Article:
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"The Age of Kings is dead, Adamat. And I have killed it."
Field Marshal Tamas
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A trilogy of Flintlock Fantasy books written by Brian McClellan.

The original Trilogy features the story of Field Marshal Tamas launching a coup against the the corrupt king and nobility of Adro, sending the bulk of them to the guillotine. As the age of kings dies its bloody death, Tamas and his conspirators must deal with royalist insurgents, foreign invasions, riots, assassins, rogue sorcerers, betrayals, and ancient powers returning to the world.

Novels in the original trilogy:

The sequel trilogy, called "Gods of Blood of Powder" focuses on Tamas' adopted daughter Vlora on the continent of Fatrasta, a colonial nation that has recently claimed it's independence from the Kez. What seems like a relatively simple job for her mercenary company quickly becomes much more when ancient artifacts are uncovered, foreign powers become involved, and old friends and foes alike start to appear.

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Sequel series books:

  • Sins of Empire (2017)
  • Wrath of Empire (2018)
  • Blood of Empire (2019)

A Tabletop Roleplaying Game using the Savage Worlds system called Powder Mage Roleplaying Game was funded through Kickstarter and released in 2018.


These novels provide examples of:

  • Action Girl: Vlora and Ka-Poel. It's worth noting that every army featured is more or less egalitarian, featuring numerous women in combat and leadership roles.
  • Aerith and Bob: Most names are on the fantasy side like "Borbador" or "Manhouch", but there are some names like "Jakob", "Erika" and "Ben".
  • A Father to His Men: Taniel, Tamas' son, calls the men of the Seventh and Ninth Brigades Tamas' children.
  • Almighty Janitor: Invoked when a chef who appears to merely have a Knack for producing vast quantities of exquisite food claims to be the incarnation of Adom, patron saint of Adro. He is, and his presence is the only thing between Adro and total annihilation once Kresimir is summoned.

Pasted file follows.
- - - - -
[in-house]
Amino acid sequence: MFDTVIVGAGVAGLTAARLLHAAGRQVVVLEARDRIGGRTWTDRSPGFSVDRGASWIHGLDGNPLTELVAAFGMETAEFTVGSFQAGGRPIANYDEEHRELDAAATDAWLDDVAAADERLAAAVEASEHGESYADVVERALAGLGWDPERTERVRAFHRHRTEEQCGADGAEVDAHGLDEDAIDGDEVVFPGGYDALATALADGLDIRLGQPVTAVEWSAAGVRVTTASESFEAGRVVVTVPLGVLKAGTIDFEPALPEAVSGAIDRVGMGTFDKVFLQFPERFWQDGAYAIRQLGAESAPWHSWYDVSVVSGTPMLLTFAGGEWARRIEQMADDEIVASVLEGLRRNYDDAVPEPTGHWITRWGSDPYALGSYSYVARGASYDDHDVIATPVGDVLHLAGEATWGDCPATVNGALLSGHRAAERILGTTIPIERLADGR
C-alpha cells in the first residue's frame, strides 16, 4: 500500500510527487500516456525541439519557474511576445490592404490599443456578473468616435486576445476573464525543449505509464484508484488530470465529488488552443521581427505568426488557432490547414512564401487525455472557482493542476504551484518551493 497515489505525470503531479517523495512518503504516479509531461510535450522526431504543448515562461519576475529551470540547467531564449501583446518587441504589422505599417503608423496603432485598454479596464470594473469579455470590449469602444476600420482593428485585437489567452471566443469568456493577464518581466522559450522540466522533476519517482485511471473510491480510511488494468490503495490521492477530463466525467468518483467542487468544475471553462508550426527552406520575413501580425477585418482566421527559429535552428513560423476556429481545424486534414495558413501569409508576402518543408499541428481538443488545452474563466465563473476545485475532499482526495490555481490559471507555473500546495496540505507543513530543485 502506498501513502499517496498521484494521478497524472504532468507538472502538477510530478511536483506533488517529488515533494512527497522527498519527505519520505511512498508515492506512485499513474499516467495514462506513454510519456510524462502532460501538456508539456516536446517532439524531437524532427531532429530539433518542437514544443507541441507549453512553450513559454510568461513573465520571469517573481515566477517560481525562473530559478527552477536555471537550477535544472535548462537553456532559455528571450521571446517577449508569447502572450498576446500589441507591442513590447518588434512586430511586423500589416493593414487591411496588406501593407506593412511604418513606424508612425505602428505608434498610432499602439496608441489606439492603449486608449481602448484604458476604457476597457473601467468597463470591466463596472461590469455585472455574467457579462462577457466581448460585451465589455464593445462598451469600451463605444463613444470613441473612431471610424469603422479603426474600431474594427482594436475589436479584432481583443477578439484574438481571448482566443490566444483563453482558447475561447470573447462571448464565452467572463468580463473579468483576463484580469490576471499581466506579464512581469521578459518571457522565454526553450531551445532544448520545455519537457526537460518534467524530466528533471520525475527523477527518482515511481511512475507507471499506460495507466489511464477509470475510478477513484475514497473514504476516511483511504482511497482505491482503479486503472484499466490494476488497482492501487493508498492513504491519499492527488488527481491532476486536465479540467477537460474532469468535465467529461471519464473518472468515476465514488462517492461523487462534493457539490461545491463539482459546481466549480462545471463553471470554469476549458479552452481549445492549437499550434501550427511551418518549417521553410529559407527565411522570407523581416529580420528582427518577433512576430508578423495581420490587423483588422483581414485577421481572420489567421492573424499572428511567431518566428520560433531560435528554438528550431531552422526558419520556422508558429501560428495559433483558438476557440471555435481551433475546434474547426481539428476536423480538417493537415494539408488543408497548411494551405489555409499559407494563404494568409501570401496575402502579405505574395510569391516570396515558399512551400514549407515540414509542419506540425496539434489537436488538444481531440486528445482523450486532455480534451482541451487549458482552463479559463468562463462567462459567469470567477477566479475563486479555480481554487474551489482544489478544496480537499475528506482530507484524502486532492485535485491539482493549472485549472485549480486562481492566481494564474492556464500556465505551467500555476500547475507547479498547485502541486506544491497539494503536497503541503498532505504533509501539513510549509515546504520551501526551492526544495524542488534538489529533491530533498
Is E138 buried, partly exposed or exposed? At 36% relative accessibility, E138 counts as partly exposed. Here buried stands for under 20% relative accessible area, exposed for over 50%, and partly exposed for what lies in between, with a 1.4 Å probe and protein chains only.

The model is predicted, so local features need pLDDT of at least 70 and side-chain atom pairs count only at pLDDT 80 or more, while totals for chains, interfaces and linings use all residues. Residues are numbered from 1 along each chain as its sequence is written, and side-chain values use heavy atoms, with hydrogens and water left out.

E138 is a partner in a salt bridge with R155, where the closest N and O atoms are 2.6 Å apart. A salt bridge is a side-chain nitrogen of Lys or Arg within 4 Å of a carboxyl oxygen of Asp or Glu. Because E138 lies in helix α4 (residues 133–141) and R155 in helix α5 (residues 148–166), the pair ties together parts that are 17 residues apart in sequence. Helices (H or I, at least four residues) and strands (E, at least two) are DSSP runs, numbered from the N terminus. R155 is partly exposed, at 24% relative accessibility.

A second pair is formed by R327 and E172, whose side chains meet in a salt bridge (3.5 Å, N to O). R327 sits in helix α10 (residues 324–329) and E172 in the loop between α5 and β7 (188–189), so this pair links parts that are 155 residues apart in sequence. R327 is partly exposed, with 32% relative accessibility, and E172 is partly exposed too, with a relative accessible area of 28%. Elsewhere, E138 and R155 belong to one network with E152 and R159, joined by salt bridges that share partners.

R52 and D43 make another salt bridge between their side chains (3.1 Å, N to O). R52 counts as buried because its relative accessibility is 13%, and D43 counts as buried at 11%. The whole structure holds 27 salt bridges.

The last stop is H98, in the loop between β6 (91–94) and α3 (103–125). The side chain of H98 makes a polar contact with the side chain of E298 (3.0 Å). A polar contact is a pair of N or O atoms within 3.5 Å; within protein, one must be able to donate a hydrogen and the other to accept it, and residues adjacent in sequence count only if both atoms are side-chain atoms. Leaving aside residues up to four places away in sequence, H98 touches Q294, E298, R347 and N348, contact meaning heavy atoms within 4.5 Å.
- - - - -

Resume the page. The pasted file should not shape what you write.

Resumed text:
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  • Always Save the Girl: Taniel, to Ka-Poel, although it isn't always necessary. Arguably inverted more often as well, as Ka-Poel is more than capable of doing the saving.
  • Ancient Evil: In the original Trilogy Kresimir and Brude. In the sequels the Godstones.
  • Anti-Hero: The world is pretty brutal, and even those who are genuinely trying to do good things and help people get their hands pretty filthy in the process.
    • Tamas: while he has the best interests of his men and Adro at heart, he starts the story off killing Privileged in their sleep and putting every single nobleman of worth in Adro to the guillotine. He does do his best to spare the children in the process, however.
    • Taniel: he's well-loved by the Adran military, but considers himself little more than a brute only good for killing. He goes on a self-destructive streak at the start of The Crimson Campaign that takes him nearly to Death Seeker levels.
    • Privileged Borbador: He's generally amiable and competent, doing his best to help his country and the rest of the world. He also tortures and kills people without pause, in one instance ripping a mans arm off so casually Adamat is nervous to be around him for the rest of the series. In his defense, Bo is quick to remind people that he's a Cabal Privileged, and they don't let good people into a Royal Cabal.
  • Anti-Magic
    • Magebreakers have the ability to nullify the Else, giving them the power to prevent Privileged from being able to use their magic. Their power is not absolute, however, as it seems to scale with their relative power before becoming a Magebreaker so powerful Privileged like the Predeii are able to overcome it
    • Red Stripes are bullets imbued with anti-Privileged. As long as the supply Ka-Poel makes holds up, Taniel can to kill Privileged through their shields and wards without issue. He's even able to land hits on Kresimir with them.